Advertisement
YOU ARE HERE: LAT HomeCollectionsSylvia Mosqueda
IN THE NEWS

Sylvia Mosqueda

FEATURED ARTICLES
NEWS
March 13, 1986
Sylvia Mosqueda, a sophomore at East Los Angeles Community College, apparently got into the Marathon by mistake. Her coach, Greg Ryan, said they were unable to find each other in the huge crowd and she thought he had signed her up at the last minute, while he thought she was just there for a workout (following the pack). "She's real sorry about it (distracting the winner Nancy Ditz)," he said, "she wasn't out to get publicity or anything."
ARTICLES BY DATE
SPORTS
February 28, 2002 | SAM FARMER, TIMES STAFF WRITER
Eighteen miles into the Los Angeles Marathon, Sylvia Mosqueda was going strong. Her legs felt good, her breathing was relaxed and she had a two-minute lead on the second-place woman. So far ahead was Mosqueda, an unknown 19-year-old from East L.A. College, the TV commentators were writing her off as a fluke, a showboat. Then, at the 19-mile mark, she stunned everyone.
Advertisement
SPORTS
July 16, 1990 | BARBIE LUDOVISE, TIMES STAFF WRITER
Had it not been for the scorching hot weather, the lack of competition and a new race course--one laid out to accommodate a sponsor--William Musyoki might have come closer to breaking the world record for an eight-kilometer race Sunday at the Bastille Day 8K. But had the conditions been better, would Musyoki, who won his second consecutive title in 23 minutes 29 seconds, have broken Alberto Salazar's record of 22:04? Not according to his assessment. "I'm very, very disappointed.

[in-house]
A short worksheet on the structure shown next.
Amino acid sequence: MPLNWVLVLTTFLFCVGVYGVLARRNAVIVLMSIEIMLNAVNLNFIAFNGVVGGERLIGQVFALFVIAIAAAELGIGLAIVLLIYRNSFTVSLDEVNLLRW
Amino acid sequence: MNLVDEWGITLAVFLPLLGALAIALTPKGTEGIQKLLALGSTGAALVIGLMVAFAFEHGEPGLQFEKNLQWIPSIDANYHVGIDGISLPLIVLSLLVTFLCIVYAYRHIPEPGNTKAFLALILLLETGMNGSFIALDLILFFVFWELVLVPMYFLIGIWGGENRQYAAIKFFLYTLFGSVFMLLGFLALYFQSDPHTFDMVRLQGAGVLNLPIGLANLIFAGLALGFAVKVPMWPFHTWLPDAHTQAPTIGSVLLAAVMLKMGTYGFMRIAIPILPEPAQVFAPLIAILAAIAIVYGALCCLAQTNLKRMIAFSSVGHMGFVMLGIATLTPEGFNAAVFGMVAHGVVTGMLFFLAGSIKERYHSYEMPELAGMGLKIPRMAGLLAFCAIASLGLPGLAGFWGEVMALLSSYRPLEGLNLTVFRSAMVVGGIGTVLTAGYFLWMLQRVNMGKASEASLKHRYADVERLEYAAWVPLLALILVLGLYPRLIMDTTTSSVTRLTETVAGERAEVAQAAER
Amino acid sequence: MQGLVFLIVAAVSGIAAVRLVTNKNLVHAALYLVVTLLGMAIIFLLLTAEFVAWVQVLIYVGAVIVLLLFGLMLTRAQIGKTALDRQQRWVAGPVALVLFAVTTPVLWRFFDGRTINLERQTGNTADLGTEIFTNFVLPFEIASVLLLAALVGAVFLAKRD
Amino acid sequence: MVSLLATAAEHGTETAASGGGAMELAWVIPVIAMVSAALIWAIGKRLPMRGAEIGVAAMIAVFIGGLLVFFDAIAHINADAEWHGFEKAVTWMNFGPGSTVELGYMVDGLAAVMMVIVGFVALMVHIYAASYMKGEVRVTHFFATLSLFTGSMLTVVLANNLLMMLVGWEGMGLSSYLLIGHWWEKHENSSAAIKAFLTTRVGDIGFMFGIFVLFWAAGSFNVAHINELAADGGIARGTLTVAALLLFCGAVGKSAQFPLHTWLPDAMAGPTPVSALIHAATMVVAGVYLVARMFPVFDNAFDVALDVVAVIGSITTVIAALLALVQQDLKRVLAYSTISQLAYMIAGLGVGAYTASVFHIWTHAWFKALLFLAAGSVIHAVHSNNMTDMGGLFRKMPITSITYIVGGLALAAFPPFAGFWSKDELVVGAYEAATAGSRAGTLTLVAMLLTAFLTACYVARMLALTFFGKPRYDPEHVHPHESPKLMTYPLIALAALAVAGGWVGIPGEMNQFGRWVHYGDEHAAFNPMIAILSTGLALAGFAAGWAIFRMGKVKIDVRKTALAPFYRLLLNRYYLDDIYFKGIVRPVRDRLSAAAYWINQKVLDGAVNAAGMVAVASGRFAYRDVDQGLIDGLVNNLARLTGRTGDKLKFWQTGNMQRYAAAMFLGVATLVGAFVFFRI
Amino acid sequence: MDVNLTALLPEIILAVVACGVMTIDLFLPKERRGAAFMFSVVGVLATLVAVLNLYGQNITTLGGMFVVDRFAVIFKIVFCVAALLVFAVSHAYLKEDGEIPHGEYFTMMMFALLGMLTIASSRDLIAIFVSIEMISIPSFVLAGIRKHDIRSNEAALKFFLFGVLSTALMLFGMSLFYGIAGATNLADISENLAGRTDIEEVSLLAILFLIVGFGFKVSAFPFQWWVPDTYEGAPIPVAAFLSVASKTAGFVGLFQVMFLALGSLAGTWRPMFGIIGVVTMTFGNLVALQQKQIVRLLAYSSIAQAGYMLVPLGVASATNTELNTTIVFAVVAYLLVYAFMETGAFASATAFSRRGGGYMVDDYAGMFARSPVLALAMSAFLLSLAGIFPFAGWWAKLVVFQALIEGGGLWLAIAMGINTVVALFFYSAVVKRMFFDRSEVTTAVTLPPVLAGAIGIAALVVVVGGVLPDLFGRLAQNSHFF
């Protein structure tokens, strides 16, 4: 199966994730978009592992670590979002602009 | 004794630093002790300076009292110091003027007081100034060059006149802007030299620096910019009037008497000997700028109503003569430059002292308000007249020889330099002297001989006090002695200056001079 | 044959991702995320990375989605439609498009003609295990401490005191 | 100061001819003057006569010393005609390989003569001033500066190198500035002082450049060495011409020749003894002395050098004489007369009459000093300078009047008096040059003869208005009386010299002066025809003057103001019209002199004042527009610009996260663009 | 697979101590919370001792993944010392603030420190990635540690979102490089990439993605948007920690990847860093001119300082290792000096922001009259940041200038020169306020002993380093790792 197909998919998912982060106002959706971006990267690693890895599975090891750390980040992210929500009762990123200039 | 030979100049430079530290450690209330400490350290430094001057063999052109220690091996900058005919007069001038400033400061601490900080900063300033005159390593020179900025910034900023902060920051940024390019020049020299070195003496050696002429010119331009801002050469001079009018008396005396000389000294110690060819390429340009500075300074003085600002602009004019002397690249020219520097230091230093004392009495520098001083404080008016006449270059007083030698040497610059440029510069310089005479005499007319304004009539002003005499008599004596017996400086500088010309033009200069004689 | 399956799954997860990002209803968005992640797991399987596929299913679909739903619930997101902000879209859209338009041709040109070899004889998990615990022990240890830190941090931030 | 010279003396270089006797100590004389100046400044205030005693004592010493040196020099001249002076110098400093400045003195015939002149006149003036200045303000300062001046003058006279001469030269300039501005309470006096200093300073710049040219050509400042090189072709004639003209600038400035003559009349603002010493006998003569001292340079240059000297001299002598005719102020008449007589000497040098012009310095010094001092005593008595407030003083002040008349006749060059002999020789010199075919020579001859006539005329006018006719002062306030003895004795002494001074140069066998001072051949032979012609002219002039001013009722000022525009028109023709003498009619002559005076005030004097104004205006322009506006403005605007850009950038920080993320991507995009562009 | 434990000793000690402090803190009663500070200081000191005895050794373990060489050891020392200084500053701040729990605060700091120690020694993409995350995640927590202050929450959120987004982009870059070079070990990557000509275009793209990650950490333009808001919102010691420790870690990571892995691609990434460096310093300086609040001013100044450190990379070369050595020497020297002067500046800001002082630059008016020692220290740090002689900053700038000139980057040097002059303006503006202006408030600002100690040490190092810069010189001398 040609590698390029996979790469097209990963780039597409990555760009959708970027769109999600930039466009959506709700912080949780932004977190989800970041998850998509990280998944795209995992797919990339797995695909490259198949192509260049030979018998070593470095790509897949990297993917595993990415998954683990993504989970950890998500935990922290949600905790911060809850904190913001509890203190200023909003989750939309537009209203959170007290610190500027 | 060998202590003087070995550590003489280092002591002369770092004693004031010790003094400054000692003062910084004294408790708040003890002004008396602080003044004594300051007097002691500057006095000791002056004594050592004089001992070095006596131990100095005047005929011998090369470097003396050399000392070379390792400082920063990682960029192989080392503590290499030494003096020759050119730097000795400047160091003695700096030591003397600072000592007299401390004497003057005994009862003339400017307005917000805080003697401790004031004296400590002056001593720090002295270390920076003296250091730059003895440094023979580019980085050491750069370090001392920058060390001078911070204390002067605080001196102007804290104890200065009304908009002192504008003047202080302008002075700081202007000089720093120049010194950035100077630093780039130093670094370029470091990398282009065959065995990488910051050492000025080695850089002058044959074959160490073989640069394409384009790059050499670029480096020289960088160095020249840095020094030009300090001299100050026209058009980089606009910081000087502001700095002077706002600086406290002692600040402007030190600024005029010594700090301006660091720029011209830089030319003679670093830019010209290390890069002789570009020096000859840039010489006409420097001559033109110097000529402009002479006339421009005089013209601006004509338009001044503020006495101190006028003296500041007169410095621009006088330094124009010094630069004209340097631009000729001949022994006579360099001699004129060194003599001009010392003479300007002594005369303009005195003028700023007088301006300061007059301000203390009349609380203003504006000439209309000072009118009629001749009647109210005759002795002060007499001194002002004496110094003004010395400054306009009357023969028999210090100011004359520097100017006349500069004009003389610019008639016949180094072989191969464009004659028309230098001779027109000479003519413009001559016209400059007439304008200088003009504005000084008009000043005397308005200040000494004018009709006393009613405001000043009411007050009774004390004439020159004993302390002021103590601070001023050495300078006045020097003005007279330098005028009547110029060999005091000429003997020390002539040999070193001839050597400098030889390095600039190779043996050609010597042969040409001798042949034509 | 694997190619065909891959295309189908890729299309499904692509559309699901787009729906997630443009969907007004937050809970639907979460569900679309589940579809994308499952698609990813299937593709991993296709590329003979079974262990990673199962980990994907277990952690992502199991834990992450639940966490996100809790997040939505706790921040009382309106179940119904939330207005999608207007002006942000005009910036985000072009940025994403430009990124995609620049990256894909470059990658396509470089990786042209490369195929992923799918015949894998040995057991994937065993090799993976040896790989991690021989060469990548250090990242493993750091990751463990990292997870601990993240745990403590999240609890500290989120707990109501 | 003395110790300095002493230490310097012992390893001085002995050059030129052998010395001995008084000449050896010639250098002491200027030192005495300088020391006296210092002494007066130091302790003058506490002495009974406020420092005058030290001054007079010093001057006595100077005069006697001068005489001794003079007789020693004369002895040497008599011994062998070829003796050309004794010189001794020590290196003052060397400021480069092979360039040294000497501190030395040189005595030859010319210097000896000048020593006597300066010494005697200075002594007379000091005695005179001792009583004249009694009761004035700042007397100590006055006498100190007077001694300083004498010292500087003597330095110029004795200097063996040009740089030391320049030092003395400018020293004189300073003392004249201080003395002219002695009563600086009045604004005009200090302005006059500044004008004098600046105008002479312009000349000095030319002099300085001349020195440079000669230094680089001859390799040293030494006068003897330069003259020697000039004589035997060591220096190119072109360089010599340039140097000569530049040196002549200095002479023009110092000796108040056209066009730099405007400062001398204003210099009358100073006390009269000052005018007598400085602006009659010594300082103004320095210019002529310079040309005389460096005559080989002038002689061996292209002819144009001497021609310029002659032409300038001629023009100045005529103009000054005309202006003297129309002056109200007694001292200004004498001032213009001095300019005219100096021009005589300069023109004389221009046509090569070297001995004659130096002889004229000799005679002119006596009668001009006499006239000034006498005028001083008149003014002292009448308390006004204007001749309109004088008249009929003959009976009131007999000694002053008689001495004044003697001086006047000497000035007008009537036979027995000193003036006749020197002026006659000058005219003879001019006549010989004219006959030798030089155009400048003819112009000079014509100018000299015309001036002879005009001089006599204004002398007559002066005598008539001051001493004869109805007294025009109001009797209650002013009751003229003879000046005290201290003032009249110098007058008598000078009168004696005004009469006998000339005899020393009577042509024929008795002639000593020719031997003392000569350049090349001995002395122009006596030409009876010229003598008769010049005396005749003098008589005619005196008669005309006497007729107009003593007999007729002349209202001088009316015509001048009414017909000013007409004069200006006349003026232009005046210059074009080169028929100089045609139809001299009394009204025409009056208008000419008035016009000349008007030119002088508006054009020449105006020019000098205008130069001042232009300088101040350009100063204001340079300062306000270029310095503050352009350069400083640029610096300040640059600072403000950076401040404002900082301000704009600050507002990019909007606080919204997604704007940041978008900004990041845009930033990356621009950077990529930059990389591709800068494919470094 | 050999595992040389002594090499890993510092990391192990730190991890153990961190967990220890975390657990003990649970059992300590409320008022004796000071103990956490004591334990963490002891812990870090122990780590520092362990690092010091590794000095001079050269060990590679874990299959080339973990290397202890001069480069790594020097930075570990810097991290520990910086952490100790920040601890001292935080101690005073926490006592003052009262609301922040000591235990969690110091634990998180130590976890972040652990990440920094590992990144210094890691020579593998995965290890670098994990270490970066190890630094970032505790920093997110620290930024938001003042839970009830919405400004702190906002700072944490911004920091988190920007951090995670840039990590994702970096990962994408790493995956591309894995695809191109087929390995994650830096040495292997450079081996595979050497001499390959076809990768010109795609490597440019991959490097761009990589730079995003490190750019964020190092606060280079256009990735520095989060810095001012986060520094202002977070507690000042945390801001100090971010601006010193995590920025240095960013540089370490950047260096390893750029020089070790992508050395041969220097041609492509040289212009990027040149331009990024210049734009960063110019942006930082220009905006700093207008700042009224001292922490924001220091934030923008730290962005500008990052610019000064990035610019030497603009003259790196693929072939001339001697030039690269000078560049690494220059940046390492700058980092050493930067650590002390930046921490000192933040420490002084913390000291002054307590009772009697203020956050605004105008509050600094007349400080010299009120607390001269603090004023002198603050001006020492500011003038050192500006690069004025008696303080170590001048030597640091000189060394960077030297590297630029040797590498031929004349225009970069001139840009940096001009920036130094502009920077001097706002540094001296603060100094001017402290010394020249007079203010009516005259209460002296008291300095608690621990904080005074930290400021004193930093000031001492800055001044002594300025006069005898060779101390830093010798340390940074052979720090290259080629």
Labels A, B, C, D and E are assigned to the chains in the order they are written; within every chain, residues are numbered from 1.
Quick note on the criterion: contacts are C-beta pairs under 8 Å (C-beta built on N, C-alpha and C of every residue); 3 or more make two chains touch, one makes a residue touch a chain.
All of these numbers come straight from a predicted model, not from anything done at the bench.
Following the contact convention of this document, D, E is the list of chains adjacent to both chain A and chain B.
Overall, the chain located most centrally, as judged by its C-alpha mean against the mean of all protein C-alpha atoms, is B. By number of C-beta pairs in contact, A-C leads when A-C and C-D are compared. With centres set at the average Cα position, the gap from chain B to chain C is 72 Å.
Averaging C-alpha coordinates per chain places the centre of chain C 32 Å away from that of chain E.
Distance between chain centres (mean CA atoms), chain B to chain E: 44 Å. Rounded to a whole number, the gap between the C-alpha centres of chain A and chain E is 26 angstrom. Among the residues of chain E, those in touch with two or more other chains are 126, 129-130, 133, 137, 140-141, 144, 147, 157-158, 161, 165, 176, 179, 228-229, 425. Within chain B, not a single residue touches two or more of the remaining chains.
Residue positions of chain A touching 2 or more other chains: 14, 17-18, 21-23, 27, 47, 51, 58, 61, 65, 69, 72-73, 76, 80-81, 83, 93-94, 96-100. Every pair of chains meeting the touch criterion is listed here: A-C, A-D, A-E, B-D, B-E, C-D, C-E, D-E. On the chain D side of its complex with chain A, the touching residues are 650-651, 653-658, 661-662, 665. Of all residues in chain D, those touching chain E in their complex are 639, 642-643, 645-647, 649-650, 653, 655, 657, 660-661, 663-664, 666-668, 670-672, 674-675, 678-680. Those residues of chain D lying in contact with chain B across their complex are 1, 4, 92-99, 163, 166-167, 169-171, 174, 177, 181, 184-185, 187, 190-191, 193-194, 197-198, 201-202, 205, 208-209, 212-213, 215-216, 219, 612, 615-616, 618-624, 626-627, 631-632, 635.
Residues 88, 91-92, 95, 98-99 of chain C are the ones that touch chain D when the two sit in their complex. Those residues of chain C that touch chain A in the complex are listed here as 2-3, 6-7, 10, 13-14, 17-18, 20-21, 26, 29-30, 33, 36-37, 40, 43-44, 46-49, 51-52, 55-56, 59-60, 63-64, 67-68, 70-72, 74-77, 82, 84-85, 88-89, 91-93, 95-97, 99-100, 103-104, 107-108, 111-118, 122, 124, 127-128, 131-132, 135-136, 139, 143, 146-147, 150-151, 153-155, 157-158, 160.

NEWS
July 26, 1990 | KIRBY LEE, SPECIAL TO THE TIMES
It's not too difficult to predict what Sylvia Mosqueda's race strategy will be. Predicting the outcome of one of Mosqueda's races, however, is a bit more difficult. It's something like trying to guess the life expectancy of a battery in a car with its headlights left on. Will she finish or burn out beforehand?
NEWS
May 4, 1989 | Fernando Dominguez
"Slow down, relax the shoulders," pleaded coach Greg Ryan as his prized pupil steamed around on the brown Rekotan track at Cal State Los Angeles. "If she ever learns to get through the mental and emotional obstacles," he said to a visitor, "she'll be tremendous." She, Ryan's source of pride and frustration, is Sylvia Mosqueda, a 5-foot, 3-inch, 101-pound dynamo who is one of the nation's best female distance runners. On this day, she is working on pacing herself in the 1,500-meter run, with Ryan recording her time after every 400-meter lap. After about a minute's rest, she takes off on a another four-lap run. Mosqueda covers each set in less than five minutes--and hates every one of them.
SPORTS
June 2, 1988 | MAL FLORENCE, Times Staff Writer
Sylvia Mosqueda was sort of a mystery runner when she entered the Los Angeles Marathon unannounced in 1986 and ran 19 miles before she dropped out on what she said was a training run. She was also the marathon leader in the Olympic trials for women last May 1 for 18 miles in Pittsburgh when she had to drop out. But Mosqueda, who finished second in the 1987 L.A.